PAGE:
Justin Newcombe works out the secret to a healthy of crop of beans, to be eaten fresh, or dried and stored for winter.
Many of my favourite beans are not that big in stature - in fact they are quite shrubby - but really flavoursome. Some are good for drying. The beans I'm talking about, traditionally from either the French or Italian Mediterranean, are colourful and succulent when they are fresh, and when dried make an excellent addition to winter soups and stews.
My previous attempts to grow many of these have been thwarted by in-ground mealy bug attacks. That's not to say I haven't had some success, even though that success has been measured by the handful and not the bucketful. With only a small residential garden, I'm a bit wary of trying to grow crops that need to be stored, but I have made some exceptions - notably garlic and pumpkin, both of which usually prove to be very successful. I would like to find a way to have the same success with the group of meaty bean crops.
The first thing I have to come to terms with is that I don't live in the Mediterranean, so I need to do what I can to recreate the conditions of the Med. That means limey, free-draining soils which are either volcanic or rocky with lots of dry heat and crisp mornings. That sounds a long way away from muggy old Auckland, so my best bet is going to be to enlist the help of a secret weapon, a thermal mass.
A thermal mass is, in gardening parlance, a wall of some description. It could be a shed, fence or, if you are lucky, stone wall, which will reflect and store heat. This creates a regular, warm micro-climate to keep the plants warm and protected from wind. I should point out the wall needs to be north-facing to get the best of the sun; obviously the south side of a wall will have the opposite effect.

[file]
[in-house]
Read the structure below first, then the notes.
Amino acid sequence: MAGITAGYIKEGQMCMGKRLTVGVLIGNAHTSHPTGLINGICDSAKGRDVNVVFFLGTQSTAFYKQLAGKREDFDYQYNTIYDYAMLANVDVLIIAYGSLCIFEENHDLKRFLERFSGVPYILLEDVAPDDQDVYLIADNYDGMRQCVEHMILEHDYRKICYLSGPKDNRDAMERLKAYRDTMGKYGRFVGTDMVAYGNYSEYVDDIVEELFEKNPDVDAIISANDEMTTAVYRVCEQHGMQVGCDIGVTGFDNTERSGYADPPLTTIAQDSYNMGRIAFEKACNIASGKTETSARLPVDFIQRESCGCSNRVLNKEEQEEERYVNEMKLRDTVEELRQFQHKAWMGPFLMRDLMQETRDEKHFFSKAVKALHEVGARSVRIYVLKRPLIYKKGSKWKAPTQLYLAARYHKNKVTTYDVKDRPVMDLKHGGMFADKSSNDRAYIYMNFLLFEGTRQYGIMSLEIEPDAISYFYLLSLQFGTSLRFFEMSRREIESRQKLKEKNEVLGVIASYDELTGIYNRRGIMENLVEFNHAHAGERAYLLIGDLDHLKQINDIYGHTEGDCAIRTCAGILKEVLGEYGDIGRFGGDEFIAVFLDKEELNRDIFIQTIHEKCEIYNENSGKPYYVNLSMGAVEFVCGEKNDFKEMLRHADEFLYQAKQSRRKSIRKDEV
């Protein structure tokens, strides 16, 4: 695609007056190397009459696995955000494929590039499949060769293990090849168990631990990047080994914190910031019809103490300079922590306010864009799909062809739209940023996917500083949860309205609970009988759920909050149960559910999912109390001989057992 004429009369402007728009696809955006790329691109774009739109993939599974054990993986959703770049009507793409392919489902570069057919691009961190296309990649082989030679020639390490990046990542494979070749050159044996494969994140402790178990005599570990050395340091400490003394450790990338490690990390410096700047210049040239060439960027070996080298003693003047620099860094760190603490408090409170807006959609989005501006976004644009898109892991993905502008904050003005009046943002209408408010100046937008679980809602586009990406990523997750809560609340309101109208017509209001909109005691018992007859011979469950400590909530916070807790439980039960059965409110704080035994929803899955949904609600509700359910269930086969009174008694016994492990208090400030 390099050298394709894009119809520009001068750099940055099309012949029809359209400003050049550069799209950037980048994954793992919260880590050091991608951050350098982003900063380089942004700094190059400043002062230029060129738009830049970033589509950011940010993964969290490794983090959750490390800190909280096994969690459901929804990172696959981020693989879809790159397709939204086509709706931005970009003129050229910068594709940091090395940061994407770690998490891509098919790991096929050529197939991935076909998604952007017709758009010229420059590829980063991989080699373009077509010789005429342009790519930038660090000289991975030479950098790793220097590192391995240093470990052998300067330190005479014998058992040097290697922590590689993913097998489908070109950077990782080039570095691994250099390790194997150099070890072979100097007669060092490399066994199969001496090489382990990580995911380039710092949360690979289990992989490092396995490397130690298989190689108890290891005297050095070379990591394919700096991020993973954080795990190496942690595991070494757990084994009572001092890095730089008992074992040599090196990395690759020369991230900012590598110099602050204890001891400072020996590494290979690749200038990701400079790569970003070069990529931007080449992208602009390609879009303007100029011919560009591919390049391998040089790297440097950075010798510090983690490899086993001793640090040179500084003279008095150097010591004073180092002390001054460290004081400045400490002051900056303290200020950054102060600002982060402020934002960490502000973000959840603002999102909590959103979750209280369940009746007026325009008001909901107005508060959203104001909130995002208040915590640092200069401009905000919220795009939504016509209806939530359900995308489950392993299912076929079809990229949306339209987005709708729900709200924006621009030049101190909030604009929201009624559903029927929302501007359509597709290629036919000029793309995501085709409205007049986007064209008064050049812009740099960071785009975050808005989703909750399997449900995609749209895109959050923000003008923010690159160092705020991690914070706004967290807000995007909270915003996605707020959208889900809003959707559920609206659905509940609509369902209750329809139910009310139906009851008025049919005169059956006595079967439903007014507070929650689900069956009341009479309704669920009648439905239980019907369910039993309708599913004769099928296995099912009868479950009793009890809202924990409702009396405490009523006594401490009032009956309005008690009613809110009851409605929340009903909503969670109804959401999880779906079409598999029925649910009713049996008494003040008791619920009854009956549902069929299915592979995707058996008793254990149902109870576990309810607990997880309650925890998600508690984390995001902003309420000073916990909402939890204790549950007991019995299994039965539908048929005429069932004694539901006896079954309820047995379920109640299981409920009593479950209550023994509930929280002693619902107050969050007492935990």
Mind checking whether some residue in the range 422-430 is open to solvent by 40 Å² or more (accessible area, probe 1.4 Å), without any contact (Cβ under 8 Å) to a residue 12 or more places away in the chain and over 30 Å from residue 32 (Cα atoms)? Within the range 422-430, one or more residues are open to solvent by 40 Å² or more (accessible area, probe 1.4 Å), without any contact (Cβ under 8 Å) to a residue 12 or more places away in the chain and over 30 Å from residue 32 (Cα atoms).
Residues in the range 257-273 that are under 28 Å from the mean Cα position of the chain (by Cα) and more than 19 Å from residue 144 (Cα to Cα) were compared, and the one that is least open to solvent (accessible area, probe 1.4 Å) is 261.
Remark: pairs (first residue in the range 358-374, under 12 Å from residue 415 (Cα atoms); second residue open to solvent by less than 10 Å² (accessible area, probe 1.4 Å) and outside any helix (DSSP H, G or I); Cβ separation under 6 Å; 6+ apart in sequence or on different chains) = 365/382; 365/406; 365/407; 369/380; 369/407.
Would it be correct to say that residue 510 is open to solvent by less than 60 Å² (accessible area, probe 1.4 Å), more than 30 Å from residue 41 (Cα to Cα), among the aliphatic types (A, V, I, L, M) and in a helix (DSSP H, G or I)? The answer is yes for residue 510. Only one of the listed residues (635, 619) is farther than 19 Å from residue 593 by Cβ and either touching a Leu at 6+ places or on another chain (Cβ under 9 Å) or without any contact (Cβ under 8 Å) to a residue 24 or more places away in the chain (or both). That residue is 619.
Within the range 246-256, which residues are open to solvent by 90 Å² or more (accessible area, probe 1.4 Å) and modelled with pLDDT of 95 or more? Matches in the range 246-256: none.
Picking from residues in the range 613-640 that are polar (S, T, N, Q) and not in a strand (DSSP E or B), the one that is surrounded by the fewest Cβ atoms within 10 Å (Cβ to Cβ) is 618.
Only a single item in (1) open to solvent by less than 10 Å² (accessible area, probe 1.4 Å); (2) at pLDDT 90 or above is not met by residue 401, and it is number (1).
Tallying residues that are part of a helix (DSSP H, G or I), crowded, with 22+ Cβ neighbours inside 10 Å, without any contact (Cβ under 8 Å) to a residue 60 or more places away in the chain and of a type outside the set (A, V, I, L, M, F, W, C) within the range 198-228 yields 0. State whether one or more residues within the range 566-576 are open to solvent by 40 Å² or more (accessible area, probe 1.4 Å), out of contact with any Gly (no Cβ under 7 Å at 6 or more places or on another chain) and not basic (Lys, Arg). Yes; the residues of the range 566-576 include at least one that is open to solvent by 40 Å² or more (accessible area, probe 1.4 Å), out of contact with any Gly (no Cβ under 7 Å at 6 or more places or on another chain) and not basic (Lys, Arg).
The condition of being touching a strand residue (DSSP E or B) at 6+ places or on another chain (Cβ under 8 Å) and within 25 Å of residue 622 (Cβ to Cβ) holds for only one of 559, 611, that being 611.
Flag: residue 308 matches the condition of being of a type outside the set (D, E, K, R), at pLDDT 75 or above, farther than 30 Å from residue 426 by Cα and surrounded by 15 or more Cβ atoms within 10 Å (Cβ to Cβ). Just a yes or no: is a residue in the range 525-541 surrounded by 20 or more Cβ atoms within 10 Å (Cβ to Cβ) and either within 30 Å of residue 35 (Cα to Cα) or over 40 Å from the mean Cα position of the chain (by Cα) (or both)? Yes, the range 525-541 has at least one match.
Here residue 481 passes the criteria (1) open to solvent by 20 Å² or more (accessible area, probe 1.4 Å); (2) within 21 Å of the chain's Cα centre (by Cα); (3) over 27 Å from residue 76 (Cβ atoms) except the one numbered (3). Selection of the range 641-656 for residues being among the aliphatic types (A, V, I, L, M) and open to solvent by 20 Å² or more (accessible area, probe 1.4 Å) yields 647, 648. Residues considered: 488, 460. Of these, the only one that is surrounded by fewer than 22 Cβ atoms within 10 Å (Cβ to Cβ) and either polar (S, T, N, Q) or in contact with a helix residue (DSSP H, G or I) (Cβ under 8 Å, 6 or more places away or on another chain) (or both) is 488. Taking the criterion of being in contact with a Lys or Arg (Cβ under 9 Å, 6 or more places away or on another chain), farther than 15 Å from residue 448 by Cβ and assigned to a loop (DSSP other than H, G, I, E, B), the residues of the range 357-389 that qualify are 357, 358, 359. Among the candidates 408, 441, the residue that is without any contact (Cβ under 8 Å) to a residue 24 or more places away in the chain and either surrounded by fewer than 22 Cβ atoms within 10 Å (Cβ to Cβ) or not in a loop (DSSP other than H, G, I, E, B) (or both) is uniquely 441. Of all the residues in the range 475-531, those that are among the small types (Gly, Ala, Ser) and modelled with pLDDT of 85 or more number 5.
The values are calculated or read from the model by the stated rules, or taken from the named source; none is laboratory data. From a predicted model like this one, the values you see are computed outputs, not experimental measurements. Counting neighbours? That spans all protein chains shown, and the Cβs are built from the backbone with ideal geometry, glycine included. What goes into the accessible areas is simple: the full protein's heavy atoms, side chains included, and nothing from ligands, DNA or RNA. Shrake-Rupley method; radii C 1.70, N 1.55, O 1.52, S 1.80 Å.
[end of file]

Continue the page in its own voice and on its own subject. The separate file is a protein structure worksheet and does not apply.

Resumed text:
Once I've got my Mediterranean position I need to create my Mediterranean soil. My soil is like much of that around New Zealand, a bit on the heavy side and lacking in calcium. Some of us are very lucky to have soil on a river plane or from a volcano or in some cases a bit of both (take a bow, Ruawai). I need to improve my sedimentary up-lifted soil (even the name sounds heavy). The first thing I do is add calcium which will help improve the tilth of the soil by breaking up the tight particles and help the soil particles hold on to micro-nutrients. Another option is to dig small date-sizes pieces of concrete into the soil to try to mimic the rock nature of the Med.
Add a little blood and bone and a small amount of potash. The soil needs to be dug into a really fine tilth, so avoid soils with a lot of un-composted carbon material in it. This will only help to attract mealy bugs, which you don't want.
Choosing the beans is the easy part. I'm going for a row of bush beans, albenga dwarf and a pole bean called lima del papa or the pope's bean.
This should give me the bright scarlet beans I'm after and the option of eating now or drying for later. We're still growing some runners and broad beans because we like that with both those varieties, the more you pick the more they yield. As for the mealy bugs, I'm watering my beans with a mixture of water, pyrethrum and garden friendly dish soap. The soap will help dilute the pyrethrum in the water, and will also help the water to penetrate the soil, putting a stop to any unruly mealy bugs snacking on the roots.